You may not think that smoking can cause a bad visit to the dentist, but tobacco can cause a big problem for your mouth. Studies have shown that tobacco use is a major risk factor for a form of a severe gum disease called periodontal disease. Whether you smoke cigarettes, cigars, a pipe, a water pipe, or cannabis, or if you chew tobacco, you’re at higher risk for this disease.
Periodontal disease is a severe type of gum disease. Gum disease is caused by a sticky material with bacteria called plaque and a hard substance called tartar. Plaque and tartar collect on teeth and cause irritation and infection of the gums.
The mild form of the disease is called gingivitis — this means the gums are red, swollen, and bleed easily. When it gets worse, it turns into periodontal disease, also known as periodontitis. The gums pull away from the teeth and cause little pockets. These pockets collect food and bacteria below the gum line, and become infected. As your body’s immune system fights the infection, the bone in your jaw and other tissues that hold your teeth in place become destroyed. Over time, you can continue to lose more bone and gum tissue — and eventually lose teeth.
Research has shown that tobacco can weaken the body’s ability to heal itself. This can make it hard for gum disease to go away, or make it worse. Not only do smokers have a higher risk of periodontal disease than nonsmokers, but their disease is often worse. And even when periodontal disease is treated, a person who smokes is more likely to get periodontal disease again.
Quitting a tobacco habit is hard, which is why there are a lot of ways to get help. Here are some resources to try:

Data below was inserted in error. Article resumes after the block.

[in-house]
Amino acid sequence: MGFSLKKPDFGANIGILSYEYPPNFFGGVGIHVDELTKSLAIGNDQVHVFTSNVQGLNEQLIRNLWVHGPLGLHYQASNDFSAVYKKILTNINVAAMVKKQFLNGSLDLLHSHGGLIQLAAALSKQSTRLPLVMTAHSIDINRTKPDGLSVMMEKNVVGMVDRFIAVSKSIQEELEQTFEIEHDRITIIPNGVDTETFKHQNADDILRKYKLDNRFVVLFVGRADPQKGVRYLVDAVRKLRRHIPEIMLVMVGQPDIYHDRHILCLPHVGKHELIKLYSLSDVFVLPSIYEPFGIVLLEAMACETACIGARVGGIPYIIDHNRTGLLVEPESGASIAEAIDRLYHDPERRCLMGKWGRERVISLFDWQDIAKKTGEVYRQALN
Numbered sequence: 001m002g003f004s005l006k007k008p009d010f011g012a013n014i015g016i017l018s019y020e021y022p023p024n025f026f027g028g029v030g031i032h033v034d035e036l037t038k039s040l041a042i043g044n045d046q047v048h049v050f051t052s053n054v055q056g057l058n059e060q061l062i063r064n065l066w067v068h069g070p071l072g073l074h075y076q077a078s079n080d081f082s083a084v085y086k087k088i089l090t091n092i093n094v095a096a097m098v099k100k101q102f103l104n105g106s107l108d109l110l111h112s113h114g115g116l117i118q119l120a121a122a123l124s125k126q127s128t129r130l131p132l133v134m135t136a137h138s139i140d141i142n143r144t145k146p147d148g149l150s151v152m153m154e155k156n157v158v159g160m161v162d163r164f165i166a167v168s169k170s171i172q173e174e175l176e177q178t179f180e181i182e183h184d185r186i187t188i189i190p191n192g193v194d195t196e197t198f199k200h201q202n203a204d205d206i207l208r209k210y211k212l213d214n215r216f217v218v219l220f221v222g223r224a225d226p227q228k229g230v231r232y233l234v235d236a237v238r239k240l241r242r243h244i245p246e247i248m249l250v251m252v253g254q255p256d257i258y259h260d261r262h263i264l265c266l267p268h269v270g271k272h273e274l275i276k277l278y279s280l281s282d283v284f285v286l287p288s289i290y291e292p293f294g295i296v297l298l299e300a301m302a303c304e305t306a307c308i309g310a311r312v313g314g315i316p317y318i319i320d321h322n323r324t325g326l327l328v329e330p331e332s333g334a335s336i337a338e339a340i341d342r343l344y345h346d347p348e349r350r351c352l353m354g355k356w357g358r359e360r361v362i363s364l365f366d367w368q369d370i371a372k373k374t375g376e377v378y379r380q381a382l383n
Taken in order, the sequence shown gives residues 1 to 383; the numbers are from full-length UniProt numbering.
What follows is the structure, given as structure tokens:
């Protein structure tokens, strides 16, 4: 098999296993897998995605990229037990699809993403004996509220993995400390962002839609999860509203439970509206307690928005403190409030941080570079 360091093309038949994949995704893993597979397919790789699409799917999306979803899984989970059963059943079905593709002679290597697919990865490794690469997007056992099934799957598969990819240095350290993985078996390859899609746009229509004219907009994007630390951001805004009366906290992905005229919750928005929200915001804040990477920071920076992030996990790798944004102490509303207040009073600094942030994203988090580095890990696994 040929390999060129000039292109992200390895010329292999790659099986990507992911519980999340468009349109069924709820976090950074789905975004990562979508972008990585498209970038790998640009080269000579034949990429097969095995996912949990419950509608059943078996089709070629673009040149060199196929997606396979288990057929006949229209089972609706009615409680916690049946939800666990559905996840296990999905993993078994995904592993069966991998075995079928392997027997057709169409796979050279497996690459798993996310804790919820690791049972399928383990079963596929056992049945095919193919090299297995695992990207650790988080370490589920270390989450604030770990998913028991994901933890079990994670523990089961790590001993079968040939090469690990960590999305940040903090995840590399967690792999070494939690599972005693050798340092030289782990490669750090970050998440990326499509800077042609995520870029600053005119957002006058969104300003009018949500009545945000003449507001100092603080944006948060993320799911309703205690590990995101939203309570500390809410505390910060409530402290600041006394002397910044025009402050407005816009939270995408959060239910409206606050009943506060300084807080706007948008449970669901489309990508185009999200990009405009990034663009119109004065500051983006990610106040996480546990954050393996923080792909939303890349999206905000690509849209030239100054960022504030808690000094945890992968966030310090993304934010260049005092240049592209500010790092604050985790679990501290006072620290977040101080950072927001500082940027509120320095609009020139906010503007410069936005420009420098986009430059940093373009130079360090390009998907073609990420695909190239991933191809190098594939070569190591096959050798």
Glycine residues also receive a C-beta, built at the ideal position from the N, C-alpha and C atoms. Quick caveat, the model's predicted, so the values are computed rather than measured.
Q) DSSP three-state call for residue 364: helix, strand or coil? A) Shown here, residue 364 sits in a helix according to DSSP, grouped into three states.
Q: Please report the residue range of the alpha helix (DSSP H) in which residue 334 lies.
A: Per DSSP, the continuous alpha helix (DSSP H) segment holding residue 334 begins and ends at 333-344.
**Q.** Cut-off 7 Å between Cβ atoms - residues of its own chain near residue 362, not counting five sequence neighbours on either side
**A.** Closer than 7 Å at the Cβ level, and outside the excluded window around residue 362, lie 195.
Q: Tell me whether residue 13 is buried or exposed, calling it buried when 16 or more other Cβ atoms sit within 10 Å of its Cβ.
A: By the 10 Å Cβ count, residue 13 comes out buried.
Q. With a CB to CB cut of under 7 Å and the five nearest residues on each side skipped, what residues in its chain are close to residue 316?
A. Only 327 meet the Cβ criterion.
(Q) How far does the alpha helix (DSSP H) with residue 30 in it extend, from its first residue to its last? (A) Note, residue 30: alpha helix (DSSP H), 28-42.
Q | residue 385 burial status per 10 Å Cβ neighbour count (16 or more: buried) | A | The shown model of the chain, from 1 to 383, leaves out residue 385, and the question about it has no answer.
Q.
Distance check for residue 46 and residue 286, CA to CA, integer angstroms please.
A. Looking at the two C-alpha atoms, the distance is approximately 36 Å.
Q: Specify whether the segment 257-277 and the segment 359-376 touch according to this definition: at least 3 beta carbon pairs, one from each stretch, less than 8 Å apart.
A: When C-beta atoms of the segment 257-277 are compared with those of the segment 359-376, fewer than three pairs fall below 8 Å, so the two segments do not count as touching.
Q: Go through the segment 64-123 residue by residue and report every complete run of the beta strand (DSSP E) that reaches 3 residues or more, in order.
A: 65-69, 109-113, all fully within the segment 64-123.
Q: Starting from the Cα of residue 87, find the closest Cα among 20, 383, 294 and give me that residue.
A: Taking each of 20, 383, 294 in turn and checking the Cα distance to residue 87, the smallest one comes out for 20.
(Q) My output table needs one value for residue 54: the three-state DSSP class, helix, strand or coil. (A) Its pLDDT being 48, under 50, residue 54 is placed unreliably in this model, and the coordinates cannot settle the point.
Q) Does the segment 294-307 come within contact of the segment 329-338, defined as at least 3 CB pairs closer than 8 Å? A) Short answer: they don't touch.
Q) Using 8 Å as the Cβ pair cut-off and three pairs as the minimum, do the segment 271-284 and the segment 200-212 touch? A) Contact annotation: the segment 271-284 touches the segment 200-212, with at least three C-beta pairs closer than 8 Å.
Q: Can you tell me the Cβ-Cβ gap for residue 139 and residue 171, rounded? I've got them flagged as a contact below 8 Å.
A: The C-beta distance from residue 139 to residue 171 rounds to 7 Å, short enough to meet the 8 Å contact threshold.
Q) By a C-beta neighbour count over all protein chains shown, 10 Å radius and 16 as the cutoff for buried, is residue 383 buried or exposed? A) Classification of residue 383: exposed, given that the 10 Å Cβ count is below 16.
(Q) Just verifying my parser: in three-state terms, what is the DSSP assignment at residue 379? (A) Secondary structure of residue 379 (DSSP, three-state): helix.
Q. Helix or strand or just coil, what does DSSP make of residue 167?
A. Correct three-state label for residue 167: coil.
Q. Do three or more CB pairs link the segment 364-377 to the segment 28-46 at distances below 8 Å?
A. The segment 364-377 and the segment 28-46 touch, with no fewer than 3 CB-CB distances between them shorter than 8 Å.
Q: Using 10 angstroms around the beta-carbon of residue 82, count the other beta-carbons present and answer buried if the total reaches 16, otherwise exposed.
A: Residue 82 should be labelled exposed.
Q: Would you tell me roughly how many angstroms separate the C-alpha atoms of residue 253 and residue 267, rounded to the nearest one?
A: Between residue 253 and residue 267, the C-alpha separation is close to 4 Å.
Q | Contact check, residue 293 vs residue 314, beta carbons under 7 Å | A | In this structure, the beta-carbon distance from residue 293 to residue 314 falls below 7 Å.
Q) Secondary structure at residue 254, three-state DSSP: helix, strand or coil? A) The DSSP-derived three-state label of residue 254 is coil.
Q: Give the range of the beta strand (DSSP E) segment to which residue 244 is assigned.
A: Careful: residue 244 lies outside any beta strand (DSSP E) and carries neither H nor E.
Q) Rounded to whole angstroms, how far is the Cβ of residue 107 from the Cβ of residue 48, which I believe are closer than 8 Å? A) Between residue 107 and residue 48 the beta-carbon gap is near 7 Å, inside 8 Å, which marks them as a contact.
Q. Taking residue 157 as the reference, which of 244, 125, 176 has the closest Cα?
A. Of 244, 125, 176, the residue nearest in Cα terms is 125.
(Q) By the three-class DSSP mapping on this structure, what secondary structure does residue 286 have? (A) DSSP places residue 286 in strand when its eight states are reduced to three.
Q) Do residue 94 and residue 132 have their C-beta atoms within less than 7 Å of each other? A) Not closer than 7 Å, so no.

Visit Smokefree.gov. This website has a lot of tools and help for people who want to quit.
Call 1-800-QUIT-NOW. This connects you with a National Cancer Institute smoking cessation counselor.
Talk with your health care provider. Many people quit using tobacco with the help of medication, or nicotine therapy in the form of gum, lozenges, patches, and more. Talk with your health care provider to see if one of these methods can help.
You can help prevent gum disease by brushing and flossing every day. Floss well between and around each tooth. Make sure to see your dentist regularly for checkups and cleanings. He or she will remove built-up tartar that can make it harder to remove sticky bacteria by brushing and flossing at home.
Effects of smoking on periodontal disease. Underner M, Maes I, et al. Unité de Tabacologie, Service de Pneumologie, Pavillon René Beauchant. Rev Mal Respir. 2009 Dec;26(10):1057-73. Abstract: http://www.ncbi.nlm.nih.gov/pubmed/20032842 Accessed 2013.
Gum Disease Risk Factors. American Academy of Periodontology. http://www.perio.org/consumer/risk-factorsAccessed 2013.
Periodontal (Gum) Disease: Causes, Symptoms, and Treatments. National Institute of Dental and Craniofacial Research. August 2012. http://www.nidcr.nih.gov/OralHealth/Topics/GumDiseases/PeriodontalGumDisease.htmAccessed 2013.
Tobacco guidelines get update. American Dental Association. May 21, 2008. http://www.ada.org/news/2110.aspxAccessed 2013.
Tobacco and Periodontal Diseases. University of Minnesota Division of Periodontology. http://www1.umn.edu/perio/tobacco/tobperio.html Accessed 2013.
Talk to an Expert. National Institutes of Health. http://smokefree.gov/talk-to-an-expert Accessed 2013.
Quit Smoking Resources. Center for Disease Control and Prevention. March 26, 2013. http://www.cdc.gov/tobacco/quit_smoking/how_to_quit/resources/index.htm Accessed 2013.